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Biomacromolecules. 2001 Fall;2(3):921-6.

Decomposable hollow biopolymer-based capsules.

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Max Planck Institute of Colloids and Interfaces, D-14424 Potsdam, Germany.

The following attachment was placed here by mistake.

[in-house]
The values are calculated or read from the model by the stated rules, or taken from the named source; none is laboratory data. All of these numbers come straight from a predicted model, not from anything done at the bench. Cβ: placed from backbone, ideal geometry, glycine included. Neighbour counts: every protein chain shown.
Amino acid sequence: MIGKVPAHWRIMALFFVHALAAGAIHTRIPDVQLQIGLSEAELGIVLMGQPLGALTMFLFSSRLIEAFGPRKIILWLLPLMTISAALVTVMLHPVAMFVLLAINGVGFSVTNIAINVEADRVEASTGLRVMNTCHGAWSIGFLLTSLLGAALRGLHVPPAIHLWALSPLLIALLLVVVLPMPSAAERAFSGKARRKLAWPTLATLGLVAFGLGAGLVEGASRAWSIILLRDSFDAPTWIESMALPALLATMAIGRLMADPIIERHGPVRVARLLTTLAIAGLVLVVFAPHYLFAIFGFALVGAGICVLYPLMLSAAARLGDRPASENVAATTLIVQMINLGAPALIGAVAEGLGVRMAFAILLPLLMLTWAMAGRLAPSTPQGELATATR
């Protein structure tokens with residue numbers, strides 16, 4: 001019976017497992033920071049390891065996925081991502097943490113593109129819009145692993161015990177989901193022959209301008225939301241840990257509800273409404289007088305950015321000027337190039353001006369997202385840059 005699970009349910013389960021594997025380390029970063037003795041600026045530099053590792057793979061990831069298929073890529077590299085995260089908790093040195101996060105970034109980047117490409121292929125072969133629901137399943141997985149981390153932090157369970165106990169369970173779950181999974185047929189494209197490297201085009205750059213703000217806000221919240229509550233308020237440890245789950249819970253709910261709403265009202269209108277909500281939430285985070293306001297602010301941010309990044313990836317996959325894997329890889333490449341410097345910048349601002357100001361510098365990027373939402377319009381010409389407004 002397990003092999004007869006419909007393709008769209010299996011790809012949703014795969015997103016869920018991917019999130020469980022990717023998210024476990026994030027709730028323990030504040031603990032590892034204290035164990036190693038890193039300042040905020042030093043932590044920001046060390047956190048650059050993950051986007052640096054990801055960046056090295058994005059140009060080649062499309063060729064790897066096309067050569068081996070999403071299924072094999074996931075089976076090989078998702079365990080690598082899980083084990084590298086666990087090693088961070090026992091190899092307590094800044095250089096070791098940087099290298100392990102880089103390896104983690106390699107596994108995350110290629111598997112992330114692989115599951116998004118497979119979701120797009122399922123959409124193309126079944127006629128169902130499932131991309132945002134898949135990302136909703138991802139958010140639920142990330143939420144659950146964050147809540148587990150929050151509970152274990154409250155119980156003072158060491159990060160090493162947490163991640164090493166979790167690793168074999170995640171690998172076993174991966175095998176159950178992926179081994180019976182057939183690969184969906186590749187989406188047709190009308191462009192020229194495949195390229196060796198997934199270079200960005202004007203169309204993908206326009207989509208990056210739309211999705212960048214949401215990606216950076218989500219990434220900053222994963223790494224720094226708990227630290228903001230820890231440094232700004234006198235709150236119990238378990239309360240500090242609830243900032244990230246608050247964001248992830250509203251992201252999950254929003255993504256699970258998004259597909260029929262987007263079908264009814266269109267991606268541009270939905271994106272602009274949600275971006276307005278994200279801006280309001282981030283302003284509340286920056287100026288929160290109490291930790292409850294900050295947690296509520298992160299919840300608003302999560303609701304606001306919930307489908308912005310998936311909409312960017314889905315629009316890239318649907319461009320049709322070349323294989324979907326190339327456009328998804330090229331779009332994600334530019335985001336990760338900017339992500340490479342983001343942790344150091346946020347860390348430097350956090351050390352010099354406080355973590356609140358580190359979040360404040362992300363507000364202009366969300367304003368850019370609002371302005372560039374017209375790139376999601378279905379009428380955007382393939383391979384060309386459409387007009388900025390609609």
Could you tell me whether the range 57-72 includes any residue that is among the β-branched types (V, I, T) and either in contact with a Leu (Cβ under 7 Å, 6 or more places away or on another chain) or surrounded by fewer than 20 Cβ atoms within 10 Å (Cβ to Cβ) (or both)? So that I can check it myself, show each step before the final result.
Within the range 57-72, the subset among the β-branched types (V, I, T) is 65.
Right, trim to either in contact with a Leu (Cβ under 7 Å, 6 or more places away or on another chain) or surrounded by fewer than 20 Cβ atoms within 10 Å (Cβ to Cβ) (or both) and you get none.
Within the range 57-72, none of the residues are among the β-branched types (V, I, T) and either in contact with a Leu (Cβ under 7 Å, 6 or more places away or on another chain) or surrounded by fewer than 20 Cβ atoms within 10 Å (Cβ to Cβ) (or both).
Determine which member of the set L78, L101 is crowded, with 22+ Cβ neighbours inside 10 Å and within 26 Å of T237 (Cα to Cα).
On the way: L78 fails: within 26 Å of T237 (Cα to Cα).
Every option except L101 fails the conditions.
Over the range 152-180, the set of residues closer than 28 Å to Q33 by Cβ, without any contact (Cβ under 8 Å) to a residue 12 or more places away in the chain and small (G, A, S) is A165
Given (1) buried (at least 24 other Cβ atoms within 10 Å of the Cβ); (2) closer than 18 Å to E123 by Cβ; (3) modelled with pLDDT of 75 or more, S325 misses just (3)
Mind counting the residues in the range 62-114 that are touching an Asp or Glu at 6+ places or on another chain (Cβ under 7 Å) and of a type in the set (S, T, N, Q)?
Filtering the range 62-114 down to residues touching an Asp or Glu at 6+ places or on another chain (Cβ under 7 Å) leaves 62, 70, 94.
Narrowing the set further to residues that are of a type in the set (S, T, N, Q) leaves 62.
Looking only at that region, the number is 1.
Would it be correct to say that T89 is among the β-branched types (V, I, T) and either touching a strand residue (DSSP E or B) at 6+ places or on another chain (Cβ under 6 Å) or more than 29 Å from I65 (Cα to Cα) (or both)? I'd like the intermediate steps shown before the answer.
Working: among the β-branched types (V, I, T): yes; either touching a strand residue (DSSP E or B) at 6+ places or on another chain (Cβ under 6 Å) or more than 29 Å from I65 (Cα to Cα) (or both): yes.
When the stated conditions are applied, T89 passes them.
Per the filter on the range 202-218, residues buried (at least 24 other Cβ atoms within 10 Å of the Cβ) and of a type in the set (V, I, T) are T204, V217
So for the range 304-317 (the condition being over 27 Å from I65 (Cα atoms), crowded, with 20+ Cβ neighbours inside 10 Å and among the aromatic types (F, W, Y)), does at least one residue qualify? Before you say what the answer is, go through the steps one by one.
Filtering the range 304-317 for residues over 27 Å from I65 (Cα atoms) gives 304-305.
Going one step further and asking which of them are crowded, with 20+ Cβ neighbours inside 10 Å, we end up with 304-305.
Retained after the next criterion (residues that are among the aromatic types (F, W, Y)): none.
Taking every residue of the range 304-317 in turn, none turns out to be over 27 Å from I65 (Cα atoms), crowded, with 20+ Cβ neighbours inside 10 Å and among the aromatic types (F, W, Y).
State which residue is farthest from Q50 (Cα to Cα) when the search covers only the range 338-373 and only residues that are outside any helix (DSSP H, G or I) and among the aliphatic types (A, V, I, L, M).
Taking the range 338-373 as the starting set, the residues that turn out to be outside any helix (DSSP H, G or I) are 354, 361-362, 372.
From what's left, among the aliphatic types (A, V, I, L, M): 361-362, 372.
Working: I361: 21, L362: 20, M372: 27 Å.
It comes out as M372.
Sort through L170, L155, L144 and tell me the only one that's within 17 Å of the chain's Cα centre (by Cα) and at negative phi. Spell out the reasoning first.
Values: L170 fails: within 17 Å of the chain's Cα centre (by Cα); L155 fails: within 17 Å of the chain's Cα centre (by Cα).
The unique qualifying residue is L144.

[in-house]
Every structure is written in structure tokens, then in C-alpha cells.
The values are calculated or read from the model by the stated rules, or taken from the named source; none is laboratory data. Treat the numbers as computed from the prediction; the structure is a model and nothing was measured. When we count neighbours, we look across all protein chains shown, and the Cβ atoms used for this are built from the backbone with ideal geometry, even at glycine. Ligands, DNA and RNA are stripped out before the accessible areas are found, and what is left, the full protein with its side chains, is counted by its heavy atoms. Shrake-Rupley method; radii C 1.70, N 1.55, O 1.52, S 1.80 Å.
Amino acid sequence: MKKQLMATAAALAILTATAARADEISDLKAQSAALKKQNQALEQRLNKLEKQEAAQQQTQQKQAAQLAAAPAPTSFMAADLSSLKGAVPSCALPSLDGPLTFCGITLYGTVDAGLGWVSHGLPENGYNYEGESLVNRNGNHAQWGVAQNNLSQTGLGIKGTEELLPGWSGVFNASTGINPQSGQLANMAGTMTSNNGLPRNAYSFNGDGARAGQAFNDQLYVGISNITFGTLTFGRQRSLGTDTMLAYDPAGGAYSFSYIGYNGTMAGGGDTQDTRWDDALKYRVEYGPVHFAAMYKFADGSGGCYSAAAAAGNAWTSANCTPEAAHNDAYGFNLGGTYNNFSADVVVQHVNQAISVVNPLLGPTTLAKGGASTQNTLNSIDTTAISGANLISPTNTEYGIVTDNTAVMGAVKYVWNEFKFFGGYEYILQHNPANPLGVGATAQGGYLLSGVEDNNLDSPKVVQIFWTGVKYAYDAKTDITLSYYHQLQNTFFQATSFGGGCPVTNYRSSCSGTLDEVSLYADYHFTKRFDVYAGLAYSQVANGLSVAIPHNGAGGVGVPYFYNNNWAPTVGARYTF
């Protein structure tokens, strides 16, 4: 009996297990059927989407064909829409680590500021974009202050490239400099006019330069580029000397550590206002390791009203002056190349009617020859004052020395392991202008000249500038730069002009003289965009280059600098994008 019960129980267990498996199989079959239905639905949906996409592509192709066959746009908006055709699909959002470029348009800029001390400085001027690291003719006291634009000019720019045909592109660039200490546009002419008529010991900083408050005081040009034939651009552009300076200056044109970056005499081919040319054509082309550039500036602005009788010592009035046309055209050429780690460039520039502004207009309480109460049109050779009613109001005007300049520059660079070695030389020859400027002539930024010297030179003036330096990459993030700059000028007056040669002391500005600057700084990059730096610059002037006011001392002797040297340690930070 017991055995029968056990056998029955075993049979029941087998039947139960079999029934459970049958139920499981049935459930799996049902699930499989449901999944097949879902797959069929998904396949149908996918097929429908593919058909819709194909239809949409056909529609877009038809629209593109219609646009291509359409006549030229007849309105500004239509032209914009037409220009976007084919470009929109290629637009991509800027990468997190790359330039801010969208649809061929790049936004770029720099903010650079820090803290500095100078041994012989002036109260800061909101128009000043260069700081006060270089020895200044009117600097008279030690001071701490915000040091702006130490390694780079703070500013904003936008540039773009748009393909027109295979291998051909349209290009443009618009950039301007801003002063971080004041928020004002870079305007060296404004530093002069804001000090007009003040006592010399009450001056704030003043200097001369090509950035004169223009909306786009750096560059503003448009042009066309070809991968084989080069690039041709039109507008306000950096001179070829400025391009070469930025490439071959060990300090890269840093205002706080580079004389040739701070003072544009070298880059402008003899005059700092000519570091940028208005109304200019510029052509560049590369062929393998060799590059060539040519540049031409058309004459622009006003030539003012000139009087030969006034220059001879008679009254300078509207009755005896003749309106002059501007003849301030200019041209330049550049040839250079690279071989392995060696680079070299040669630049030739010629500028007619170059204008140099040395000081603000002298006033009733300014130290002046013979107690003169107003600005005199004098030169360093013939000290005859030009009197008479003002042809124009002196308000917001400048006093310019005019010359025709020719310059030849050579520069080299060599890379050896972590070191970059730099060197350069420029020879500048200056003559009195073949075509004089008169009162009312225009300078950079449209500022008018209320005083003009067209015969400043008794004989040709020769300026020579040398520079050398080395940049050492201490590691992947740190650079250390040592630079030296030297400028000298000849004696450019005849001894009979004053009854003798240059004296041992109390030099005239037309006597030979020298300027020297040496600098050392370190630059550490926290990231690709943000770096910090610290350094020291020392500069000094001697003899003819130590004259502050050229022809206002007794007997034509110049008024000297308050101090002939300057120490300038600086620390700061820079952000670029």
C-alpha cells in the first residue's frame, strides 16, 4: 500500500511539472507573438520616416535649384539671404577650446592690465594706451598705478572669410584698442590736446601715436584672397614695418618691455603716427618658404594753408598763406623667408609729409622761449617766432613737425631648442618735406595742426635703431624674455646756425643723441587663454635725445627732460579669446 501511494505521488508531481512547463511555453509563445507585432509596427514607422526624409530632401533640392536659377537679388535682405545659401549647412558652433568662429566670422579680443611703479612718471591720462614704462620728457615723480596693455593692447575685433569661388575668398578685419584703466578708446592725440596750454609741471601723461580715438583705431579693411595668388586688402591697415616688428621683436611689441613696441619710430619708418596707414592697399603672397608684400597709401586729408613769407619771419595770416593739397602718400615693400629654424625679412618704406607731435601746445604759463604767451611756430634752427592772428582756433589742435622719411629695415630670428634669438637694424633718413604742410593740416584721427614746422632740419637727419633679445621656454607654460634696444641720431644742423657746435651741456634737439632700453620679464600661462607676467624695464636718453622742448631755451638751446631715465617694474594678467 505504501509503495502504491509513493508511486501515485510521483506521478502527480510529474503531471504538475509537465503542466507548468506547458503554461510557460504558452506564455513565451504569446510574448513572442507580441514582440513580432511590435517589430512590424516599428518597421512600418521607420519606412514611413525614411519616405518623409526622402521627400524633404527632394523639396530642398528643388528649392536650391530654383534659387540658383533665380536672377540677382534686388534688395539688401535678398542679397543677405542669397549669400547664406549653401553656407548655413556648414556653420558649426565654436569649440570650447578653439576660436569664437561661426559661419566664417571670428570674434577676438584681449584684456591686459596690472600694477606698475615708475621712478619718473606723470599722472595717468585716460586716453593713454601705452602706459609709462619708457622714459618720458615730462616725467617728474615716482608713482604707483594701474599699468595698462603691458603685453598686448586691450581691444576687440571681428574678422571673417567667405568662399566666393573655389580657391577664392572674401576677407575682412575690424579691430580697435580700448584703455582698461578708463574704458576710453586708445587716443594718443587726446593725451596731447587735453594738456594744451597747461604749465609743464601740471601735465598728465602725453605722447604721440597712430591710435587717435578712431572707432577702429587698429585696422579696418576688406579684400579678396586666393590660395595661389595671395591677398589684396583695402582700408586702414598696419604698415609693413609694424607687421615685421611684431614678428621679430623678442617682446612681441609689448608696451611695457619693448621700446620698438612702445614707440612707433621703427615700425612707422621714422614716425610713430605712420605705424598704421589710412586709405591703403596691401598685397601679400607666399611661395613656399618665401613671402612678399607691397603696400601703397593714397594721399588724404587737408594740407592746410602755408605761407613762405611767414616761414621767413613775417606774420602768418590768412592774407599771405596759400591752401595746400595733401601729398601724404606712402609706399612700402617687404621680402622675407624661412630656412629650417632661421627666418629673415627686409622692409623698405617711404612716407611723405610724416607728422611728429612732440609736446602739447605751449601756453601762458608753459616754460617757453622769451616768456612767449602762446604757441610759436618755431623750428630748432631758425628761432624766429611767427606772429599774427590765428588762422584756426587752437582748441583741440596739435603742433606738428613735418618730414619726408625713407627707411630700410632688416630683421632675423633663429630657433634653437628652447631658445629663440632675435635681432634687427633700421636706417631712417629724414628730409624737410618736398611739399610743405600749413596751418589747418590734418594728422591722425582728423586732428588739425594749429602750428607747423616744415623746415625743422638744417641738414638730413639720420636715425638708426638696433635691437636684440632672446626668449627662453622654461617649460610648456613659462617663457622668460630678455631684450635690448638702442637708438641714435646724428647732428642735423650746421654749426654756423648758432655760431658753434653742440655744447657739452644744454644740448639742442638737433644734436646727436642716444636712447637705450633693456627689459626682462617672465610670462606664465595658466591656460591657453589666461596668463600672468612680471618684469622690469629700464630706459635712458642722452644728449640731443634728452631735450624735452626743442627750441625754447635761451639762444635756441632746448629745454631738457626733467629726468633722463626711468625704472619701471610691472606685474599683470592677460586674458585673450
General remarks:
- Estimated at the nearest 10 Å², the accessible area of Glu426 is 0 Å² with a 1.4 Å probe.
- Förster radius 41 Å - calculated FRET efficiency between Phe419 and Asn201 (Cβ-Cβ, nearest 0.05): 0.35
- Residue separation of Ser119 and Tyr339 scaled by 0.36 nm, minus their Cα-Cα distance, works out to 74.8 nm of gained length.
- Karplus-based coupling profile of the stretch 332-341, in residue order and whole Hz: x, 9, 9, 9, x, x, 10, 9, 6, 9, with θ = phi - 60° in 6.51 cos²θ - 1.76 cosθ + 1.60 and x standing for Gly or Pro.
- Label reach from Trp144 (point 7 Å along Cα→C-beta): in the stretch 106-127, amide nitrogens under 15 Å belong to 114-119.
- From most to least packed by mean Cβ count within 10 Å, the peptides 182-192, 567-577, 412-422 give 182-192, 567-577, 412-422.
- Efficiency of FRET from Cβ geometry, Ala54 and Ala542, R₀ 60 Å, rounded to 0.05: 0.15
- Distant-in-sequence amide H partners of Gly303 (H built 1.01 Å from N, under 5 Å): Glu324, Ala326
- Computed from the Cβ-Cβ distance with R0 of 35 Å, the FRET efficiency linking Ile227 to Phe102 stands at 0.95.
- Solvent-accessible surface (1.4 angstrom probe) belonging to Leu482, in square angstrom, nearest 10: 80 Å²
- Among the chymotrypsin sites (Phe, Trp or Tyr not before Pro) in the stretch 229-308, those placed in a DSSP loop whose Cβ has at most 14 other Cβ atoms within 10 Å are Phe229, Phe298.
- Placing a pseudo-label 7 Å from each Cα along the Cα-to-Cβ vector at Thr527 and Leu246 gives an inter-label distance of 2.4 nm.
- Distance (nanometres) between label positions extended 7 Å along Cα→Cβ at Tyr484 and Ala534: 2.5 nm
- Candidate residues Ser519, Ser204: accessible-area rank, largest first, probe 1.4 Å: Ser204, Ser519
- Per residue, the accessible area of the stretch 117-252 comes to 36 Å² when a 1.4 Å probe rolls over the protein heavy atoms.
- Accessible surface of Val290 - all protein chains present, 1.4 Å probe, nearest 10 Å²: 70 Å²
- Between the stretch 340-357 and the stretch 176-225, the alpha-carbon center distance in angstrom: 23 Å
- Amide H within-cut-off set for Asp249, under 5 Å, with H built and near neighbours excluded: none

Decomposable hollow capsules based on deoxyribonucleic acid (DNA) and a low molecular weight organic molecule, a naturally occurring polyamine, spermidine (SP), were formed by applying the layer-by-layer adsorption strategy to colloid particles, viz., assembling DNA/SP multilayers on colloids and subsequently removing the templated core. For comparison, hollow capsules from the higher molecular weight biopolymers, alginate (ALG) and poly(lysine) (PL), were also prepared. The multilayers were first formed on polystyrene spheres, and their growth was followed by microelectrophoresis. The preparation of hollow capsules, derived from multilayer coating melamine formaldehyde core particles and then decomposing the core by acid treatment, was verified by atomic force microscopy and transmission electron microscopy. In contrast to the hollow ALG/PL capsules, the hollow DNA/SP capsules displayed a high sensitivity to salt solutions: Decomposition of the DNA/SP multilayers occurred after exposure to sodium chloride solutions. The hollow capsules prepared are attractive for the encapsulation and release of various substances; for example, the release of encapsulated compounds, such as dyes or drugs, can occur when loaded DNA/SP capsules are exposed to environmental (salt) conditions that decompose them, e.g., in the bloodstream.

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